Magazine > April/May 2008
April/May 2008 Articles
Nothing Succeeds Like Success(ion)
Visting with the leadership team at McC Inc. while getting background for this issue's cover story (see Pg. 8) opened my eyes to just how valuable a good succession plan can be for any sized company.[Read More]
Triumph Over Tragedy
"I'll see you back at the office."
We've all heard or uttered this phrase, when departing on a business trip. For Dan Shefland, vice president operations/engineering for McC Inc., it holds a distinctly different meaning. Those were the last words he ever spoke with McC Inc. project manager Dave Kammerer.
"They were sitting on the runway waiting to depart and we had just talked about our missing laptop and we decided to deal with it later when we were all back in the office," says Shefland....[Read More]
New Solutions to Old Problems
In business we must take the good with the bad, and rarely does something truly good come along without a hitch. Ethanol producers found this to be true when they discovered that wet distillers grains (WDG) is not only difficult to handle, but also has a shorter shelf life, resulting in a lower valued product.
Since the ethanol boom began, around the late 1990s, producers have found a market for the co-product. WDG, or wet cake, is more palatable and nutritious for dairy cows and cattle...[Read More]
Do You Make the Grade? A Report Card for Your Feed and Grain Business, Part Two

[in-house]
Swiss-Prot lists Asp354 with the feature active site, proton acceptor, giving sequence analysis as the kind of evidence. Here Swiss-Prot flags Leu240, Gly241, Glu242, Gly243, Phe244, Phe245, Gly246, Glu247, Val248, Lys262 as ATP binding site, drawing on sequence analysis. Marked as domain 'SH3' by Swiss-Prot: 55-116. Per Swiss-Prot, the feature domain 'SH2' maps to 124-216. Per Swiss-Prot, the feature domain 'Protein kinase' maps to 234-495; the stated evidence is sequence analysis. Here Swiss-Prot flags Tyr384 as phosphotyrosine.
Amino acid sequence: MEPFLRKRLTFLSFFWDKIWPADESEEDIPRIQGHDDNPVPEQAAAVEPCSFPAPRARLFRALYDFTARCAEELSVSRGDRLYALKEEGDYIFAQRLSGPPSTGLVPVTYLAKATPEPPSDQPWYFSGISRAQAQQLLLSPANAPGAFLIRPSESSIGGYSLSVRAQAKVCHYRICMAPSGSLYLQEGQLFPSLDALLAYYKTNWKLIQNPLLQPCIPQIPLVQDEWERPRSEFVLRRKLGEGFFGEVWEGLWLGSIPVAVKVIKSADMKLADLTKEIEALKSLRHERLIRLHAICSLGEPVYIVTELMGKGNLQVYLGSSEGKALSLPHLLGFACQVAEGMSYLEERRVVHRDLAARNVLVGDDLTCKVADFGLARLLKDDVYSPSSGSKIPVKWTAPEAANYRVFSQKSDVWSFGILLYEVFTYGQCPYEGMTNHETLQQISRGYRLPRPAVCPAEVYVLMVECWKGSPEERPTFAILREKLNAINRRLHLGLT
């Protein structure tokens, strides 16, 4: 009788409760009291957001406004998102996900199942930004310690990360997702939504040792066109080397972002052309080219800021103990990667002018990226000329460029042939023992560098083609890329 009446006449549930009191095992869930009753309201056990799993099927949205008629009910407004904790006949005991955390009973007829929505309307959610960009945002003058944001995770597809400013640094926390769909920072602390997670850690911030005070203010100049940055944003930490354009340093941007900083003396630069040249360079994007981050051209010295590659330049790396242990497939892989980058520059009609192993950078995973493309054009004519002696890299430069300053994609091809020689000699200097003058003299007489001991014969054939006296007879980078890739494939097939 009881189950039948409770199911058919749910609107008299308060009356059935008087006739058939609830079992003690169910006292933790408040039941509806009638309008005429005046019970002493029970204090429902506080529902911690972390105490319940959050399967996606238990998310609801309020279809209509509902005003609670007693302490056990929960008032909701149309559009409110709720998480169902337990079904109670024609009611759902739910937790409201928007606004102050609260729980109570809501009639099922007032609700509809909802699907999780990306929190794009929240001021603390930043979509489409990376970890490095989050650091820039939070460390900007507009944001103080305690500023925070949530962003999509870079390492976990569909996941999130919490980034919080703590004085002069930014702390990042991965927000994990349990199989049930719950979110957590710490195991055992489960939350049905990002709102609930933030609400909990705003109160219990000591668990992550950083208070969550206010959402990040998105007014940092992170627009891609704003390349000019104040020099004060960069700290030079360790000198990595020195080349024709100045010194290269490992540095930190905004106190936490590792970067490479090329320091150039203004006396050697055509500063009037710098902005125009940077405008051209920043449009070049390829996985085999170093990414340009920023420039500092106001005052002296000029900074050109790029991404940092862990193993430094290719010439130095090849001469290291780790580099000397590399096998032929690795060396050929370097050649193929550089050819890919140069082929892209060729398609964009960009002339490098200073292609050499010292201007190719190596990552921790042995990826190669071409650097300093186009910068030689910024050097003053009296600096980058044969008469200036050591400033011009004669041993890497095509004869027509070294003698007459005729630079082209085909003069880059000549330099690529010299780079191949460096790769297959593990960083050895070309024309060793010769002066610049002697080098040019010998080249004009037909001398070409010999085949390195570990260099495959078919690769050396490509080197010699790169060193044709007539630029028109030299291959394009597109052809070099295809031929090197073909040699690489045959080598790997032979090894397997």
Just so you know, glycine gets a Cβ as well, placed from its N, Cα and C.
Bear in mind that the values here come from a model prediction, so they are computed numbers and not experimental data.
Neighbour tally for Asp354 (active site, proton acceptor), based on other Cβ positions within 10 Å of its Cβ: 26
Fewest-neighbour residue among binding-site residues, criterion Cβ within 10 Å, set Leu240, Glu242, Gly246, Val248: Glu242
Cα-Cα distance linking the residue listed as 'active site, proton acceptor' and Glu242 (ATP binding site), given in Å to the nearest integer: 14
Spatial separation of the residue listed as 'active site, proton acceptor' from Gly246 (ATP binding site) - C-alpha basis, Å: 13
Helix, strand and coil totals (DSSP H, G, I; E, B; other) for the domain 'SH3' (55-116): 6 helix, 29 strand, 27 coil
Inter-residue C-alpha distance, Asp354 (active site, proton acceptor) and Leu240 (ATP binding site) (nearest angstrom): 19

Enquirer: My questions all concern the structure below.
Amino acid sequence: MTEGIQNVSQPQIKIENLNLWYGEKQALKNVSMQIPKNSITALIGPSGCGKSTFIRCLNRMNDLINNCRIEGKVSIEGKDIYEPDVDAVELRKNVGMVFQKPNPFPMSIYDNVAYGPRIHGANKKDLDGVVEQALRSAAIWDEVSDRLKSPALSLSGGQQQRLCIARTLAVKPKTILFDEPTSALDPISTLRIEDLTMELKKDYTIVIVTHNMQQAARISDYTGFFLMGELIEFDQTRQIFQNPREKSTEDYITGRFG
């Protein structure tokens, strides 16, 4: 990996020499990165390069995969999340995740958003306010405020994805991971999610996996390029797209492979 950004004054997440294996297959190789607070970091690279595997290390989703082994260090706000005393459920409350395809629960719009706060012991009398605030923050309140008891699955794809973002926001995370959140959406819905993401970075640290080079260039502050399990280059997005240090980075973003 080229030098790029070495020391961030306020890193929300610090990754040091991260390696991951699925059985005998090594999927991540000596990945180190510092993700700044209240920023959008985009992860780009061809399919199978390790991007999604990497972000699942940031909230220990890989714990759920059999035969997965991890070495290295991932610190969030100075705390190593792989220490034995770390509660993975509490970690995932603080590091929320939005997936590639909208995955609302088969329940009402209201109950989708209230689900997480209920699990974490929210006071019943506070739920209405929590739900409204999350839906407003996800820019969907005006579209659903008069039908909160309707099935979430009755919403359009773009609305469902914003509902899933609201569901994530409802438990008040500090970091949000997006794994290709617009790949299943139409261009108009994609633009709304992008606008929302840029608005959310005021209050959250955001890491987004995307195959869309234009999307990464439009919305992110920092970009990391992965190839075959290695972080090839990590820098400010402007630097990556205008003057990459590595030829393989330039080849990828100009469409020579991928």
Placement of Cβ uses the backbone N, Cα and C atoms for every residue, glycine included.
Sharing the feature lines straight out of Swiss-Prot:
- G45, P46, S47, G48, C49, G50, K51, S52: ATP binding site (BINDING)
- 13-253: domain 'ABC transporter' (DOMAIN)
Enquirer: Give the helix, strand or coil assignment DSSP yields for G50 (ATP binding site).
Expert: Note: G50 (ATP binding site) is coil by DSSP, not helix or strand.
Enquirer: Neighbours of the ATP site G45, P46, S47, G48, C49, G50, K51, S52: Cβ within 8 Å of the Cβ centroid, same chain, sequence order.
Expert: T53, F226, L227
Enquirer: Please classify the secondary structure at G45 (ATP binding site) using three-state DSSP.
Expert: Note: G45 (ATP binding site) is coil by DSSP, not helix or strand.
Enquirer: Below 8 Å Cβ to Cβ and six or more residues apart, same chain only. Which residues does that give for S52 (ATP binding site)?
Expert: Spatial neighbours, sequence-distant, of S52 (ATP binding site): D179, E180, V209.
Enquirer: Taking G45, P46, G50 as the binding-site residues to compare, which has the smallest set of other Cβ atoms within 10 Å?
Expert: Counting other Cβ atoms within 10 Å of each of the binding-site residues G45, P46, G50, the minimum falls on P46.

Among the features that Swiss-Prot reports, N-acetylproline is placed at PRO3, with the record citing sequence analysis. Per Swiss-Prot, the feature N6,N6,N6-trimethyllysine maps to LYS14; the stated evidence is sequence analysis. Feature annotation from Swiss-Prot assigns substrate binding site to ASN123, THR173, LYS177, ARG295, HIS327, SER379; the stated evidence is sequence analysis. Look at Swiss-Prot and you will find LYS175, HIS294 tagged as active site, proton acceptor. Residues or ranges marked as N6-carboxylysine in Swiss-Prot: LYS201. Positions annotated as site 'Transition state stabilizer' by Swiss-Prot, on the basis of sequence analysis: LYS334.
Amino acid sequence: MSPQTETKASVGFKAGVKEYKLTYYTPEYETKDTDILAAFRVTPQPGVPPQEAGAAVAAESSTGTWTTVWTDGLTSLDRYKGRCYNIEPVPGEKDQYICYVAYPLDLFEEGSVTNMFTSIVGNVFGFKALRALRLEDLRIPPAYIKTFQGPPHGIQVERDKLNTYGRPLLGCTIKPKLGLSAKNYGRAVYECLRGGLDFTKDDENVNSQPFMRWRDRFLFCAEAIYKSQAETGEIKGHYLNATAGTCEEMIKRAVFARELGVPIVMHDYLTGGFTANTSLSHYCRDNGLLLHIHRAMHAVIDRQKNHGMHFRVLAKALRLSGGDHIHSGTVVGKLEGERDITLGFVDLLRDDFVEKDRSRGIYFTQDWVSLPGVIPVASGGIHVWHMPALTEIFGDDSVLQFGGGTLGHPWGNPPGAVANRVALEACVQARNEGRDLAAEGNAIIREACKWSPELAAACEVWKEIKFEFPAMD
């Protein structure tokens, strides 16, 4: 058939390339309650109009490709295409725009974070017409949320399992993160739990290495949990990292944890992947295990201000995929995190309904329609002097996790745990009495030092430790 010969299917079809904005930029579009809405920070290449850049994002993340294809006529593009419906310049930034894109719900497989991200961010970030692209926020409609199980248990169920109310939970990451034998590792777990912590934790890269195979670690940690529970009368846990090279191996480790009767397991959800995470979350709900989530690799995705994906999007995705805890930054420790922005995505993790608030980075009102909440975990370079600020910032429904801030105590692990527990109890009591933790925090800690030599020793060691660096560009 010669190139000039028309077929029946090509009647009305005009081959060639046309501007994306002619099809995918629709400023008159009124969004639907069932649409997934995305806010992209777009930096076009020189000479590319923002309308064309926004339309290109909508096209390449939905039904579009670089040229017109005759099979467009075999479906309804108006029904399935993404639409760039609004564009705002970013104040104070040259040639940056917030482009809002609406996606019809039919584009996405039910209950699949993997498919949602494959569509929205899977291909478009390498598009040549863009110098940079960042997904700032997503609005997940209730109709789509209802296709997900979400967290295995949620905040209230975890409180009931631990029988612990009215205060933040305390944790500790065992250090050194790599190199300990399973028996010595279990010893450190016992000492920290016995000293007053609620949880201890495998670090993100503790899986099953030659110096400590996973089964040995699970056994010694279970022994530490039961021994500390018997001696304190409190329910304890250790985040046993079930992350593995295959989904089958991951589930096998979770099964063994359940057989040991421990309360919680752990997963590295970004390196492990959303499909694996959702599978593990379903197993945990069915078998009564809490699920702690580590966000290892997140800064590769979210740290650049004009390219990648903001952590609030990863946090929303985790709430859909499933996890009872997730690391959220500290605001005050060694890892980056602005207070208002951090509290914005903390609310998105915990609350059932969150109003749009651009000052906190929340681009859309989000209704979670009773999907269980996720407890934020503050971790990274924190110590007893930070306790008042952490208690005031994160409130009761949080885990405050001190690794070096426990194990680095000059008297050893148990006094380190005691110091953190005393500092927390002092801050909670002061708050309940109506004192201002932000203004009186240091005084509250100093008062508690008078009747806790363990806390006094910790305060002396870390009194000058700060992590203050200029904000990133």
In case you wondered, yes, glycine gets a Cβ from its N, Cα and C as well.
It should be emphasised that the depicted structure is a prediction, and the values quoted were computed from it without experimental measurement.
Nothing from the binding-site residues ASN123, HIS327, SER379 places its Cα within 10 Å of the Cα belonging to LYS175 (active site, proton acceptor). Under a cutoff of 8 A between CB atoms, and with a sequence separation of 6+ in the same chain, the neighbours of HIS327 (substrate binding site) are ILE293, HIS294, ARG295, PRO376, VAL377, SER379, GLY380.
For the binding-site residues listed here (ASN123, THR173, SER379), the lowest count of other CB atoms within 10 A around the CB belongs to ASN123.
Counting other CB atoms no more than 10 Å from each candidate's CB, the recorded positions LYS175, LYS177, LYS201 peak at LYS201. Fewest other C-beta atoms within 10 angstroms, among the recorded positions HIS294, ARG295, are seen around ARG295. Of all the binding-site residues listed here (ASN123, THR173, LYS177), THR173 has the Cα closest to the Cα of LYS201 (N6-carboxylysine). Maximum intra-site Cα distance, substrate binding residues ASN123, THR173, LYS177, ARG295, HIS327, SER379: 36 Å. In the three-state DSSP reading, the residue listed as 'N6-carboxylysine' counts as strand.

AUTHOR'S NOTE: In our last column we presented Part One of a Grade Card for the feed and grain business. This month we give you Part Two of the Grade Card — additional criteria you can use to evaluate your firm in some key strategic management areas. Our grade card can be thought of as a method to assess where your business is — a subjective measuring tool relative to your own perceptions, and perhaps relative to other firms in your industry.
As with our last column, we start with the...[Read More]
The story of ‘Clownie,’ or ‘How I Learned to Let Go and Move On’
As a little girl I had a small cloth clown that I carried everywhere. He was soft and familiar and infinitely comforting during the numerous trials of my childhood. But Clownie became grubby and beat up, and lost much of his stuffing despite my mother's secret attempts to patch him for me. I still loved him, but one day I recognized that it was time to keep my old friend in my room and carry something else with me.
Managing merchandising risks this year reminds me of my beloved clown. The...[Read More]